Torque and Horsepower

All information based on performance in 85 degree Fahrenheit temperature, at an altitude of 500 feet. The 4-53 Detroit has the following torque, measured in Lb Ft, with a four valve head. Horsepower is measured as intermittent-continuous brake horsepower (BHP.)

Torque with N40 or N45 injectors: 238 at 1500 RPM, 230 at 2000 RPM, max of 221 at 2400 RPM.

Horsepower with N40 or N45 injectors: 64 at 1500 RPM, 84 at 2000 RPM, max of 101 BHP at 2400 RPM.

Boat Use, with N40 injectors (measured as Shaft Horsepower): 67 at 1500 RPM, 88 at 2000 RPM, max of 100 SHP at 2400 RPM.

Boat Use, with N50 injectors (measured as Shaft Horsepower): 72 at 1500 RPM, 100 at 2000 RPM, max of 128 SHP at 2800.

Fuel and Oil

For the Detroit 4-53, use lubricating oil with a viscosity of SAE 40 for most conditions. For higher temperatures, use a higher viscosity such as SAE 50, such as when the ambient temperature is over 100 degrees Fahrenheit. For lower temperatures, such as below freezing, use 15W-40 or SAW 30 lubricating oil.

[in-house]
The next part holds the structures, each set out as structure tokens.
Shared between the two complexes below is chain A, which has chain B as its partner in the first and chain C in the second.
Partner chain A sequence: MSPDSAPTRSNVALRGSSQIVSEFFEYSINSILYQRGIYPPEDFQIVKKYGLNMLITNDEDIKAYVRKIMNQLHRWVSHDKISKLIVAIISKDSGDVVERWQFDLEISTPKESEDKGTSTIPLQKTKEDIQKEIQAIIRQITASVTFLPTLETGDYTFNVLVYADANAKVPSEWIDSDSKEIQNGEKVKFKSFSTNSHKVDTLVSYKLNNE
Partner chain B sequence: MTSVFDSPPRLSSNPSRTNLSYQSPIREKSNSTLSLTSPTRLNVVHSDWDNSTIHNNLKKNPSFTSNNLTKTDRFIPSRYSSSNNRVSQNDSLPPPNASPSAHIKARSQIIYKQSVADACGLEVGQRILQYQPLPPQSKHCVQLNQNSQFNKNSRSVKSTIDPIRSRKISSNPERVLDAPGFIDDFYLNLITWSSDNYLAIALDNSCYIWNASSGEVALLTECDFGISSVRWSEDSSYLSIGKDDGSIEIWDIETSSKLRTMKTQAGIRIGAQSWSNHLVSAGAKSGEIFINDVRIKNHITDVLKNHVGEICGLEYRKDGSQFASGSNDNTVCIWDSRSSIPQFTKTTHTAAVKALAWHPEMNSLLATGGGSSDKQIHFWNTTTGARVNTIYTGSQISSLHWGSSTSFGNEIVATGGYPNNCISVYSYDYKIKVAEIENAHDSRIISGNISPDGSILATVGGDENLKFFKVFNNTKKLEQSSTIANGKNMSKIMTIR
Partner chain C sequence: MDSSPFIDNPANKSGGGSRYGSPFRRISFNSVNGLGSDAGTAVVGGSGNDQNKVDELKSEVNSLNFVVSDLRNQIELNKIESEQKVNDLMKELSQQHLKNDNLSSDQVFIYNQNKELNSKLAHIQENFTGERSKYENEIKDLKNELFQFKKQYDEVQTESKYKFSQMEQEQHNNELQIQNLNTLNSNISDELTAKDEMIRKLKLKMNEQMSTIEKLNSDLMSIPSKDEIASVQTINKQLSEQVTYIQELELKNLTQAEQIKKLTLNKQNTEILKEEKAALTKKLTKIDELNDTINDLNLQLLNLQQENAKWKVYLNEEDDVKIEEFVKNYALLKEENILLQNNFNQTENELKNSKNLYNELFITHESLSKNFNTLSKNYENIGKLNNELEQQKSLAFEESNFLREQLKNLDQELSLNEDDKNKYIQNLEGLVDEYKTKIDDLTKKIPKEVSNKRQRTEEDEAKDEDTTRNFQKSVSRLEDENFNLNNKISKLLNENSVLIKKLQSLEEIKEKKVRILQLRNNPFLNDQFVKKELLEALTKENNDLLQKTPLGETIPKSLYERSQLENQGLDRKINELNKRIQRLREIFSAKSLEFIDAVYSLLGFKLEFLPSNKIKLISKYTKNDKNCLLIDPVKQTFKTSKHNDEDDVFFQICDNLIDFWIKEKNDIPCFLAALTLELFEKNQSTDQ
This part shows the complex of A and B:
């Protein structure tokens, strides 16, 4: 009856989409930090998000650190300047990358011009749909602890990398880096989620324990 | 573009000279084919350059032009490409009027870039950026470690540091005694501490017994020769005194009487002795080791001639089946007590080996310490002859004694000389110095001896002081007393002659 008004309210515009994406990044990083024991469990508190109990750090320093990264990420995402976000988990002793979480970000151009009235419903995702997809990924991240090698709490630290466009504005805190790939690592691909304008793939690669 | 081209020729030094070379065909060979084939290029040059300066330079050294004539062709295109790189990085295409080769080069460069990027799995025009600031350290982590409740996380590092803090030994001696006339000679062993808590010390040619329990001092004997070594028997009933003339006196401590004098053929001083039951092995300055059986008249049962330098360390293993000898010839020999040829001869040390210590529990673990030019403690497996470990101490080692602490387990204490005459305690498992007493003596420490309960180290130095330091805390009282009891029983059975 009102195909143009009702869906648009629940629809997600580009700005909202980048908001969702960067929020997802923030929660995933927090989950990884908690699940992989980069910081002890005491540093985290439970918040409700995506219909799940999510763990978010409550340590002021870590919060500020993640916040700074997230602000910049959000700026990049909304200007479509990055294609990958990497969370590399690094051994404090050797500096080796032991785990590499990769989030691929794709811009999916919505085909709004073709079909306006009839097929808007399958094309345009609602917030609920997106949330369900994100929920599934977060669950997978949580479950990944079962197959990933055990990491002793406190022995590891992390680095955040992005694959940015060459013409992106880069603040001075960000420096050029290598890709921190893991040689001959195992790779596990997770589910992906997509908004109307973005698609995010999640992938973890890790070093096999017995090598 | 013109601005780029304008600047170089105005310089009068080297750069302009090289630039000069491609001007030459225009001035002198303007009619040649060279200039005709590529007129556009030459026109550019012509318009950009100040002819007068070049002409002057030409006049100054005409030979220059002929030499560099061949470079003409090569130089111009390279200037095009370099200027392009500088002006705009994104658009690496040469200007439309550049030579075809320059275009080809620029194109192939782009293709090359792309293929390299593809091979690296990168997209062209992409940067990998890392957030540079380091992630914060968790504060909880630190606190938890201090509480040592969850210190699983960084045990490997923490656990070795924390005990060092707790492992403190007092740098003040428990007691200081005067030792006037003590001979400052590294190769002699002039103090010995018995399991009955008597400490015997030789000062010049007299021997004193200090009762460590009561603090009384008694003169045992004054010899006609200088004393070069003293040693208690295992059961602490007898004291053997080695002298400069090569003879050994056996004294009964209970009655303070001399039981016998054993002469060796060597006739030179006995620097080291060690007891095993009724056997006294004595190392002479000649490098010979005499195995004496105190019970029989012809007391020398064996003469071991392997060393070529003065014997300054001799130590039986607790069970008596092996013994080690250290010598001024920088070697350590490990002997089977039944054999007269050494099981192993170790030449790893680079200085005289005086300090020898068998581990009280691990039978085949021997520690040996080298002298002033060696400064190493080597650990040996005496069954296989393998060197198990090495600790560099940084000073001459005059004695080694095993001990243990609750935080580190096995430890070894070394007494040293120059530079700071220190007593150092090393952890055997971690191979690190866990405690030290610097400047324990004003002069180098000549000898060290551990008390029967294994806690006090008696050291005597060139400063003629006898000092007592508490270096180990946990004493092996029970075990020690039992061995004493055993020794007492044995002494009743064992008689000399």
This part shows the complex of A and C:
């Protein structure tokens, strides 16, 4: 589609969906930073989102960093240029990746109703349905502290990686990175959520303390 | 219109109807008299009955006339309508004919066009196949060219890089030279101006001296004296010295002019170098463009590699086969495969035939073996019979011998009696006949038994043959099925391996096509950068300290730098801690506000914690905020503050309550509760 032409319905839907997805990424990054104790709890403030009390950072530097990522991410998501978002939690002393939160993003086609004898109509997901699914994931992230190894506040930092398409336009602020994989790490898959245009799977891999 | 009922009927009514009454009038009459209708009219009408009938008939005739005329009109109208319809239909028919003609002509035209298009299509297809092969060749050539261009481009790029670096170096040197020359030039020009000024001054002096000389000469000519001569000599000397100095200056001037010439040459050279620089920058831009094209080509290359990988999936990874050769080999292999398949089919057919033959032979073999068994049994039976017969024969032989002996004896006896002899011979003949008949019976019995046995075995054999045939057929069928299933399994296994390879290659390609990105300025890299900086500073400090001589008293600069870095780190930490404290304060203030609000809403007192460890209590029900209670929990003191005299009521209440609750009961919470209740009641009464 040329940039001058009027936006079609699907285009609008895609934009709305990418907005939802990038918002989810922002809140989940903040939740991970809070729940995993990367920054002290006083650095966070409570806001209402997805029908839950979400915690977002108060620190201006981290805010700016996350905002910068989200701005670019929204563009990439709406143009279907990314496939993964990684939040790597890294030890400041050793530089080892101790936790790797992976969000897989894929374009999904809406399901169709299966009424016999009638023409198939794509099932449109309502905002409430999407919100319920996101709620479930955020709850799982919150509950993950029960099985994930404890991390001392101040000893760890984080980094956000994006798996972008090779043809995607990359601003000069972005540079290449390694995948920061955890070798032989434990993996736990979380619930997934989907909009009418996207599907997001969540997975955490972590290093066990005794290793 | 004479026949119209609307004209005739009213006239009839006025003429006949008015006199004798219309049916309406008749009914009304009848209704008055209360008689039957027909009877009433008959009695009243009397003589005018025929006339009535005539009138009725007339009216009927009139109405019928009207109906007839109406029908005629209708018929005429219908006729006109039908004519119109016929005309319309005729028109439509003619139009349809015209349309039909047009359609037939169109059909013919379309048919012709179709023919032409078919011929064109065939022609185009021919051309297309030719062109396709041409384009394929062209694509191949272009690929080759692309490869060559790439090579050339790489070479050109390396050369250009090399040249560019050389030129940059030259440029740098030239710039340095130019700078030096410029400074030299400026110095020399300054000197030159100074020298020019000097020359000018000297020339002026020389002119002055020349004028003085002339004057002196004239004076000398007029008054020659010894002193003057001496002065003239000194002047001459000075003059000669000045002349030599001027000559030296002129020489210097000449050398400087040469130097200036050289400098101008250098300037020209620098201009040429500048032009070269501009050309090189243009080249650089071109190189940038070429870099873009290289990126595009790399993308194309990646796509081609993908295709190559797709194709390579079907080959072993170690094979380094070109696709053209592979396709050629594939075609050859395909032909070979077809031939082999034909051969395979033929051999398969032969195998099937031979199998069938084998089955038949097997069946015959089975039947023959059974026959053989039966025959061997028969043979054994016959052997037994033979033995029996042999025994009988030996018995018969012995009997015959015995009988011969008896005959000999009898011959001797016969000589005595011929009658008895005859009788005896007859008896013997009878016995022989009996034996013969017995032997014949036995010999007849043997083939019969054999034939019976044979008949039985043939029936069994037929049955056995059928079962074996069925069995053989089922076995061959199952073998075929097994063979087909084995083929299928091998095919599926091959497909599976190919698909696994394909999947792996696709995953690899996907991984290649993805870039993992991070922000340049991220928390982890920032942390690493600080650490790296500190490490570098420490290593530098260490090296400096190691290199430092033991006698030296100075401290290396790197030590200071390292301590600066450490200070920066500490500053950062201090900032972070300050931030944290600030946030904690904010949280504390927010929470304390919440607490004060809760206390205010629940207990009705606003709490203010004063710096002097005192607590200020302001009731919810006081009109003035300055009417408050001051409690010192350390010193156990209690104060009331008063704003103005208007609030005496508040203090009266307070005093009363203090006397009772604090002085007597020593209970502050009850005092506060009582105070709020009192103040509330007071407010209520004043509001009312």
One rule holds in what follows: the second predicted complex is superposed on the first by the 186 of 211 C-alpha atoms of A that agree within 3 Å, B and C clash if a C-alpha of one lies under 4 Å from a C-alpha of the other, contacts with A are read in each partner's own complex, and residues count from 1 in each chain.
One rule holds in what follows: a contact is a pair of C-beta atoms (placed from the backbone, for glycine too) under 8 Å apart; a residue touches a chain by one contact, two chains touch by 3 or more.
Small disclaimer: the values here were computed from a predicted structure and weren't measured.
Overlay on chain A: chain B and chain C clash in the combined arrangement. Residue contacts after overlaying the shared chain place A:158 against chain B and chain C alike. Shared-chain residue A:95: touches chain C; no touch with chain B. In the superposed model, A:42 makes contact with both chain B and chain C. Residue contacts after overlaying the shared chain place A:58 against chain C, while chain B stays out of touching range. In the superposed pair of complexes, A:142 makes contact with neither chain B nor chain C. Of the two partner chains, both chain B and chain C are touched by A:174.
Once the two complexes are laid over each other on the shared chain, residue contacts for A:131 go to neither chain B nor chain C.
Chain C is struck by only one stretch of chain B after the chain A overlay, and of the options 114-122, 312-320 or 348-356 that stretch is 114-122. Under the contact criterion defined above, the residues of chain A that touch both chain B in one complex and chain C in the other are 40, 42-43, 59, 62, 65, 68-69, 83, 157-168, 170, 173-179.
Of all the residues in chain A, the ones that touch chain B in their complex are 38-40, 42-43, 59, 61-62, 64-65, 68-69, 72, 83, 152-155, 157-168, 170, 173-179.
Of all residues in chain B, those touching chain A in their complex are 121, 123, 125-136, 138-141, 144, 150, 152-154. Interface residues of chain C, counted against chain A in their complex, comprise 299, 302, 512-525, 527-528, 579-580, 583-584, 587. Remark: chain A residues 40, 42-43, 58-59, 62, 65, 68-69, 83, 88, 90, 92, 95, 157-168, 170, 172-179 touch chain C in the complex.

Oil changes should be done at least every 6000 miles, or less, with normal, continuous operation. With shorter trips, or less frequent use, these engines can go up to 12,000 miles between oil changes. For stationary units, marine units and industrial units, the oil should be changed every 150 hours. If it less frequent use, such as standby, then the oil can be changed every 150 hours or once per year.

Please note that higher fuel sulfur content can increase the frequency of oil changes. For example, if you use fuel with a sulfur content above 1%, then the lubricating oil should be changed every 2000-4000 miles, depending on whether the engine is used daily or just for short trips. For marine engines, the oil should be changed every 50-100 hours. For units that are only used as a standby generator, then the oil should be changed every 50-100 hours, or once every six months.

Use of fuel above 1% sulfur should be avoided, but if it is used, then be sure to also utilize a lubricant with a Total Base Number, or TBN of 10-30. The lower the TBN, the more frequently the oil should be changed when using fuel with a sulfur content above 0.5%.